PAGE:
It’s been an entire five months since I bought a new car. That’s approaching the eight-month record I managed between January and August last year, though in truth I did reclaim a car in that time.
I’ve spent hours agonising over what to buy and have made my decision. The car is now in my garage. Was it the right choice?
I drove a Mercedes-Benz R107 300SL recently and that must have made quite an impression. I very much liked the typically-excellent Mercedes-Benz automatic gearbox and the engine that could turn from wonderfully smooth to rorty and powerful depending on throttle pedal position. I spotted a Merc 300E W124 on Retro-Rides, and that it had been for sale since August. This looked like a slightly left-field view of temptation. It was up for £700, having dropped from £750 last summer. Given that the MOT was less than a month, there was no way I was paying that much. £500 was deemed to low, so I upped the ante to £575 and a deal was done. By text message.
Last night, I get a text from the seller’s son saying that the car is misfiring so I should bring a trailer or cancel the deal. A tricky one. I’d kind of decided I really wanted the car by this stage, and had insured it and everything. Cancelling would cost me £15 for nothing. Given that the only real option was to go and have a look at the thing anyway, and try and diagnose the fault, I thought I’d go ahead. What could possibly go wrong?
My Skoda-loving friend conveniently decided to move from the North East to pretty much on my doorstep not long after we moved here and the idea of a stupid road trip was very appealing. He collected me in his modern Octavia VRS thing, which allowed me to laugh at the complete lack of suspension for almost the entire journey. It really was rather firm. I am very grateful though!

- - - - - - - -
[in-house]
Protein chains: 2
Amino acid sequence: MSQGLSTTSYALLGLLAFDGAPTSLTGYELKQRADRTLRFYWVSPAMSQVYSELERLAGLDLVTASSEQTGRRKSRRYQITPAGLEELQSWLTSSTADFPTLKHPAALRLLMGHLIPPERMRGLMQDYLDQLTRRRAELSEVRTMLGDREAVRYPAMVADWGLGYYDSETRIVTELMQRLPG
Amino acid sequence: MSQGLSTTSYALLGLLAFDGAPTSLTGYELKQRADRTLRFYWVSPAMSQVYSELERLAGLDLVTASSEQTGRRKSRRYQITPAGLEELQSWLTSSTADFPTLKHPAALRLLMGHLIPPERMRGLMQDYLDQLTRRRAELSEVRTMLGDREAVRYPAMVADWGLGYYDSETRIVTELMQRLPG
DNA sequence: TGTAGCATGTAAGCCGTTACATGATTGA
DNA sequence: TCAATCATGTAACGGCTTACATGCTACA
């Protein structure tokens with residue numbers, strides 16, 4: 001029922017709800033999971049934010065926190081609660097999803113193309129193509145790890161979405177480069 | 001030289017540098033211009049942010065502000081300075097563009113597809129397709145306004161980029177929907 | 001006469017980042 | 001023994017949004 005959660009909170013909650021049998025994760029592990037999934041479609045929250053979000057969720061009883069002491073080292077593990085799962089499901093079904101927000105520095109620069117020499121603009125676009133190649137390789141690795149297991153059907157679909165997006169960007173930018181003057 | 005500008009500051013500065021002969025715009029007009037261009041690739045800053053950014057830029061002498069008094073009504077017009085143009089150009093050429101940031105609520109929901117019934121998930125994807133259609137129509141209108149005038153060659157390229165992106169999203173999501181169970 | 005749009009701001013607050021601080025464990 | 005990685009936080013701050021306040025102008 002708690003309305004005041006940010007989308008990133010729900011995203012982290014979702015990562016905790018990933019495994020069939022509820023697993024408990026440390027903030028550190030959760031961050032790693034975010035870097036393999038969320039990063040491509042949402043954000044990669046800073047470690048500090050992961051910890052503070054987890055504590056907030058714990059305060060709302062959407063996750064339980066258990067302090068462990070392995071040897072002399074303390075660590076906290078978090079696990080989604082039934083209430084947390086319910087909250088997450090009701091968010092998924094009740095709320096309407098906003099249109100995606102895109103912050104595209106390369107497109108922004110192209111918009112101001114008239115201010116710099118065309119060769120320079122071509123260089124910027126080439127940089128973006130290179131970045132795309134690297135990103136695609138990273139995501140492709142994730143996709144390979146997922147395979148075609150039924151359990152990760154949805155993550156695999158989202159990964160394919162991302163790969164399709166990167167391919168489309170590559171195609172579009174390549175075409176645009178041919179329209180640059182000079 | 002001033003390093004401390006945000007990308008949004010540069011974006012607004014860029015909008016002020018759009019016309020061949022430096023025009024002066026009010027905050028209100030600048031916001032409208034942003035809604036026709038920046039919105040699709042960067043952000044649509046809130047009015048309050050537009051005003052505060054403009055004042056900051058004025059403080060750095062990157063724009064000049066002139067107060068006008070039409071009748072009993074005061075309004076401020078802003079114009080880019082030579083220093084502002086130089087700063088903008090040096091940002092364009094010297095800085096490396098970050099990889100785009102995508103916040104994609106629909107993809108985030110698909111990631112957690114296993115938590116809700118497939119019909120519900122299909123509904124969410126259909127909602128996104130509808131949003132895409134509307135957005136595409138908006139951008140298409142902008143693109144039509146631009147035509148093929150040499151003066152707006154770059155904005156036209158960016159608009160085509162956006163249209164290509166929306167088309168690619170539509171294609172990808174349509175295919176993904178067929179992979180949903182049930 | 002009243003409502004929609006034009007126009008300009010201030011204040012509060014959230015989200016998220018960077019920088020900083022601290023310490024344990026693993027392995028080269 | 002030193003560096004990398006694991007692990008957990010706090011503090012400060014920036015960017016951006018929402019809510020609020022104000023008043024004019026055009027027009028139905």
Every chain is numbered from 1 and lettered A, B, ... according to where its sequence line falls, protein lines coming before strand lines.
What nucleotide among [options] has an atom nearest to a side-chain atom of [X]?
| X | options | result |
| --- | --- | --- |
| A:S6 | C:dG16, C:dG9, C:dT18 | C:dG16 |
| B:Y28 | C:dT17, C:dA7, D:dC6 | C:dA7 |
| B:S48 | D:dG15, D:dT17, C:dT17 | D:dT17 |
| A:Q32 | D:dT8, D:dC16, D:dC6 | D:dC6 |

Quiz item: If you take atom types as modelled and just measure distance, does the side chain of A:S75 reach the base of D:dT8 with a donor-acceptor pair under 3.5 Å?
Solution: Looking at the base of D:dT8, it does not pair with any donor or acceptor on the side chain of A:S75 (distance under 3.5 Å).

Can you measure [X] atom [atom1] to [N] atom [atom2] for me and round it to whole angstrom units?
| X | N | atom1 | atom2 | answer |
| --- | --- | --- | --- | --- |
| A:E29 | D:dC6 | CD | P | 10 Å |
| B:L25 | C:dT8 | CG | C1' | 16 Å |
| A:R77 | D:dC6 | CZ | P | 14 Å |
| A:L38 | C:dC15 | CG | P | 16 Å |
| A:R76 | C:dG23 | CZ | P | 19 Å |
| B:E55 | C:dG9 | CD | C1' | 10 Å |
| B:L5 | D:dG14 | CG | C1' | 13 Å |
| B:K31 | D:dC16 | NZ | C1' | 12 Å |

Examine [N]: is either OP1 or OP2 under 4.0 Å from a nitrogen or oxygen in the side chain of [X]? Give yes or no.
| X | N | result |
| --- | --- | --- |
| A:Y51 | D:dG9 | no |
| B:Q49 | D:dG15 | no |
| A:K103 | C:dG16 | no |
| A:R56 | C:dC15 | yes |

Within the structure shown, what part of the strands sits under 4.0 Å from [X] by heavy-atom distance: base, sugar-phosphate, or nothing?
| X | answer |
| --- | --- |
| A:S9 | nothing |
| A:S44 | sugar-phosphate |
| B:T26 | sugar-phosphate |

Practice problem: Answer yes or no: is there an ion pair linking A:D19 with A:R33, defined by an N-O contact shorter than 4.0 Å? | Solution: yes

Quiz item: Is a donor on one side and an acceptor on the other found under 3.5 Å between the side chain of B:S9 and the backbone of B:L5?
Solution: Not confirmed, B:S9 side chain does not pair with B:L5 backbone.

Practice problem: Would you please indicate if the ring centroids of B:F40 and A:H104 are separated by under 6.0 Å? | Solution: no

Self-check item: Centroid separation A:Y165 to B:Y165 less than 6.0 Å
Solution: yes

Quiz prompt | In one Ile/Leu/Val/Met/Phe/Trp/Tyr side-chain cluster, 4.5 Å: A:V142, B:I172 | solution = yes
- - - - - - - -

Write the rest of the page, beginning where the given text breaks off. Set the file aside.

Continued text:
We arrived at the vendor’s house not too much later than planned. He was at work but his wife gave us the keys and logbook, as well as a key to the lock-up garage and directions on how to find it. No money had changed hands at this point. I love how trusting some people are! The logbook was even signed.
We traipsed to the garage, opened the door and blinded a Mercedes with the sunlight.
It was about as interested in moving as I had been at 7am this morning. The starter wheezed a bit. No dice. The Octavia was put onto jump start duty. Still no dice. We poured a can of fuel in, seeing as how the gauge didn’t move in the slightest when the ignition was turned on. Eventually, after much will-she, won’t-she, the Mercedes deigned to fire up. Hoorah! That meant I could drive it out and have a good look at it for the first time.
Seemed alright. A touch of corrosion in the offside rear arch but the front wings were new and the underside looked sound – especially around the front suspension mounts. We drove the short distance back to the vendor’s house, but the car started spluttering. I took it for a spin around the block. Very spluttery, but it did clear. I did the only sensible thing I could do. Handed over money and plotted the 150 mile drive home. The car refused to start and needed a jump start. This boded well!
Our journey started well. Which means that when I tried pulling out onto the main road, it died completely. I nervously reversed back around the corner with no PAS and a brake servo rapidly loosing pressure. They should teach you that on the MOT. In a car with a pedal-operated handbrake. Anyway, car parked up and we dashed off for more fuel, thinking stale unleaded might be the problem. It wasn’t, but it felt better having a fuel light off! Then it wouldn’t start again.